For any drilling expedition, a vital component is the mud. It is composed of various chemicals and other essential components that ensure that the drill is kept effectively lubricated at all times, the hydrostatic pressure on the borehole wall is maintained which in turn controls any possible influx of the reservoir fluids. Controlling the chemical characteristics of the mud and keeping it constant is vital for the smooth function of the drilling operation and that’s where the role of the Mud Engineer comes in.
The Drilling Fluids Engineer, mud engineer’s job responsibilities can be listed below:
- Before the drilling operation begins, the mud engineer will consult with the geology expert and other references to prepare a ‘mud program’.
- This will contain a detailed plan on what the chemical components of the mud should be at all times, how to keep its characteristics the same as different surfaces are reached and deciding what should be added or removed to ensure stability of the hole.
- As drilling progresses, the mud engineer will rely on a number of experts to advise him on how the mud is changing. He will work with them to perform a series of chemical and physical tests to validate forecasts and formulate action plans.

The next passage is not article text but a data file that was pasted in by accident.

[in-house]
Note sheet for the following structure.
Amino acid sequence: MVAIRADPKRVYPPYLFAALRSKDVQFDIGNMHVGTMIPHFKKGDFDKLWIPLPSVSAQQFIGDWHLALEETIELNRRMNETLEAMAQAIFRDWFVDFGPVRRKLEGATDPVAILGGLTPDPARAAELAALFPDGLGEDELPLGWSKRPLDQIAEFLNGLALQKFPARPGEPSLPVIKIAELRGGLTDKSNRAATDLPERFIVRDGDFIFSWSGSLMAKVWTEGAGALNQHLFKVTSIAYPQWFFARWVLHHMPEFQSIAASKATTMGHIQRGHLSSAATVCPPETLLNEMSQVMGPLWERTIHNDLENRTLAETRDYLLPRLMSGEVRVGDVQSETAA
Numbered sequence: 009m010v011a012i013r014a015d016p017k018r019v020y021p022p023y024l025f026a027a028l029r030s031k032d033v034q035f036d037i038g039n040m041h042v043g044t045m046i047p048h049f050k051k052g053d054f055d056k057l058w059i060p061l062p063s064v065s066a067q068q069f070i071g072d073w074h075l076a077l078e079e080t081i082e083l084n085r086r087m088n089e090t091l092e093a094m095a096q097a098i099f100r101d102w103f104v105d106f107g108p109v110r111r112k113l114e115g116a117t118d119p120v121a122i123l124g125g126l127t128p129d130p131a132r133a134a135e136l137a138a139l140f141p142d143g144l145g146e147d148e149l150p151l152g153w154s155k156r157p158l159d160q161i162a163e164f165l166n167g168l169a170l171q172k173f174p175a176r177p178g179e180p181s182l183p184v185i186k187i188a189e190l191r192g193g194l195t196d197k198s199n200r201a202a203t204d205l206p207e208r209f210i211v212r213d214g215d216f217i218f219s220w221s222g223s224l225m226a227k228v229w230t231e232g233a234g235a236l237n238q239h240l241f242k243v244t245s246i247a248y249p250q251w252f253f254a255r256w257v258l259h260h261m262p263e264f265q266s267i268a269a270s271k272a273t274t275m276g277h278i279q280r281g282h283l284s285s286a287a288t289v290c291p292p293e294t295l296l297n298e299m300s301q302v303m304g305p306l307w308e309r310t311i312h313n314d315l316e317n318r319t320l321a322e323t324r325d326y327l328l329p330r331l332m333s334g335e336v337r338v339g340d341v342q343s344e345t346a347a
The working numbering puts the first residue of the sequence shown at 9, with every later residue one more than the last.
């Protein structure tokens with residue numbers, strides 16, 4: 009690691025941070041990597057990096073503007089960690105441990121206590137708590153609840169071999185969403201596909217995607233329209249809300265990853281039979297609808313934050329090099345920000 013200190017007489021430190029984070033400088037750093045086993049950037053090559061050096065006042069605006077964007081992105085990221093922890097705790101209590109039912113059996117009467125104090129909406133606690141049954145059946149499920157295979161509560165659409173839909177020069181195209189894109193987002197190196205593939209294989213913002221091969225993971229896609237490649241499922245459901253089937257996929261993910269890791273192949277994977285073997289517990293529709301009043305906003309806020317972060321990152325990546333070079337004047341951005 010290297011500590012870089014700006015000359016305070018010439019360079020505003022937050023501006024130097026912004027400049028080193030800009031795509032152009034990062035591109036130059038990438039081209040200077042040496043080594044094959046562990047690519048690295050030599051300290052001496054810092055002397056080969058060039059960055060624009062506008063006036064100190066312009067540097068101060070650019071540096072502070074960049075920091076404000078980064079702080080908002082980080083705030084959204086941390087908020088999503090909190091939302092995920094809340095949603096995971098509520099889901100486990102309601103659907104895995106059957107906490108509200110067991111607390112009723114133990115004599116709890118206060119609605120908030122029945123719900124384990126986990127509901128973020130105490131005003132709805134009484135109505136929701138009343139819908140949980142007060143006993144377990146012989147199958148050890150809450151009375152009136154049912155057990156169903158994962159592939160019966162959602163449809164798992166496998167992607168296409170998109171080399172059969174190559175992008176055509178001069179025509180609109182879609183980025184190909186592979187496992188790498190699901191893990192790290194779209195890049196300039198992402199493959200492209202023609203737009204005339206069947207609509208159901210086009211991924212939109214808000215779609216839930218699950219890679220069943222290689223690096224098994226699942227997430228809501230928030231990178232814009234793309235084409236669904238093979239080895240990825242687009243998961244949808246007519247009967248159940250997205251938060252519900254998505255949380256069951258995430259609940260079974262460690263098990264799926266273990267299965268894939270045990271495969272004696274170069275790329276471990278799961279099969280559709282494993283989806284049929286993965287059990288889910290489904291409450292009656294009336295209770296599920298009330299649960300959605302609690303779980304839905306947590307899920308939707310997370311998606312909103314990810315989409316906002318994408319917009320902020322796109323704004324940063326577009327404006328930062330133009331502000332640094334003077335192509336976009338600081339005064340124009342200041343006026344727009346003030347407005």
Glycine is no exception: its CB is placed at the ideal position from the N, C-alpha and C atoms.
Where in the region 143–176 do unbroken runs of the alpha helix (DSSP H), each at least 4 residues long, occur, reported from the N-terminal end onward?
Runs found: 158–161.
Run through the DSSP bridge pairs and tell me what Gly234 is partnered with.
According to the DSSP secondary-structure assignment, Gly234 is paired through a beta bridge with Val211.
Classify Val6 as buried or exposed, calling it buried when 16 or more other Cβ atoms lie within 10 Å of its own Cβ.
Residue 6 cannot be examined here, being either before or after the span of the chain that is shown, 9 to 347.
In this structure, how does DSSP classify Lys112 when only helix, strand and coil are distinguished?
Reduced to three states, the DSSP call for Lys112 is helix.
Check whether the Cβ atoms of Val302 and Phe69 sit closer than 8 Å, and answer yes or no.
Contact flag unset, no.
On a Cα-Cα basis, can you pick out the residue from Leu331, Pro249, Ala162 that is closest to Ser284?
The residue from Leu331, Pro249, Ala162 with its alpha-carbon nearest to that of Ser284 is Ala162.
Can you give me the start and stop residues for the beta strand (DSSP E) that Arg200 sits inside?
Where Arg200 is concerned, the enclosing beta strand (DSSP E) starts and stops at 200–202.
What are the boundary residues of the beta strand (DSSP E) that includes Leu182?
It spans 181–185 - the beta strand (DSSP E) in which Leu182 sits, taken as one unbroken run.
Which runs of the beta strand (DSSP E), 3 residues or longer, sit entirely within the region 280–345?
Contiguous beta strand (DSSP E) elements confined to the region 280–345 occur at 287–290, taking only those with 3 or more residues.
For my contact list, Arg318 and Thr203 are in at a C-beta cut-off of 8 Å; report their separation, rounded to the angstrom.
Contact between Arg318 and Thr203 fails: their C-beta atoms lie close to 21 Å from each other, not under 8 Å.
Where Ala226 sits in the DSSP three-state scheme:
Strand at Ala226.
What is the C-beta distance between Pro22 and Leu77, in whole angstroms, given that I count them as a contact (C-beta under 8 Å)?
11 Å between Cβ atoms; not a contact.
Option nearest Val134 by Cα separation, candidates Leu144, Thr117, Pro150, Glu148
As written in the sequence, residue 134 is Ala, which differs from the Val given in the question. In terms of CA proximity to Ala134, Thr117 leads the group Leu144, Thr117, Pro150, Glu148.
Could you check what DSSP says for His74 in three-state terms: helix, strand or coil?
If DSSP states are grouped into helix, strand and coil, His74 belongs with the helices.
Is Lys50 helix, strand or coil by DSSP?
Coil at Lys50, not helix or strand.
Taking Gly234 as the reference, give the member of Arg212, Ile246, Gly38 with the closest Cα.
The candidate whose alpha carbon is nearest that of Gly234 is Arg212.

- As the hole gets deeper, small rock particles begin to emerge which changes the chemical composition of the mud. This has to be controlled with the help of various additives.
- Ultimately on some occasions, the entire mud will have to be replaced and once again this will be managed by the mud engineer.
- If at any time the stability of the borehole wall is at risk, cement is poured inside which is often times supervised and managed by the mud engineer.
- The mud engineer maintains the equipment used to pump the mud so that it is functioning, as it should at all times.
A mud engineer’s experience and knowledge is essential for the effective running of a drill crew. He is usually expected to be a graduate with a degree in engineering or chemistry. He would have also obtained an additional certificate from a ‘mud school’ to supplement his education. Prior to becoming a mud engineer, he would need at least 10 years or more experience on an oil rig performing in roles such as derrickhands or roughnecks before spending more time with senior mud engineers.
Mud engineers are provided a lot of support for their jobs including computer aids and reference material so that all possible issues can be anticipated in advance. It is a highly critical and technical function as any mistakes in this area can prove to be extremely expensive.
The salary is in the range of $72,000 per year but can differ according to experience, companies and tasks expected.
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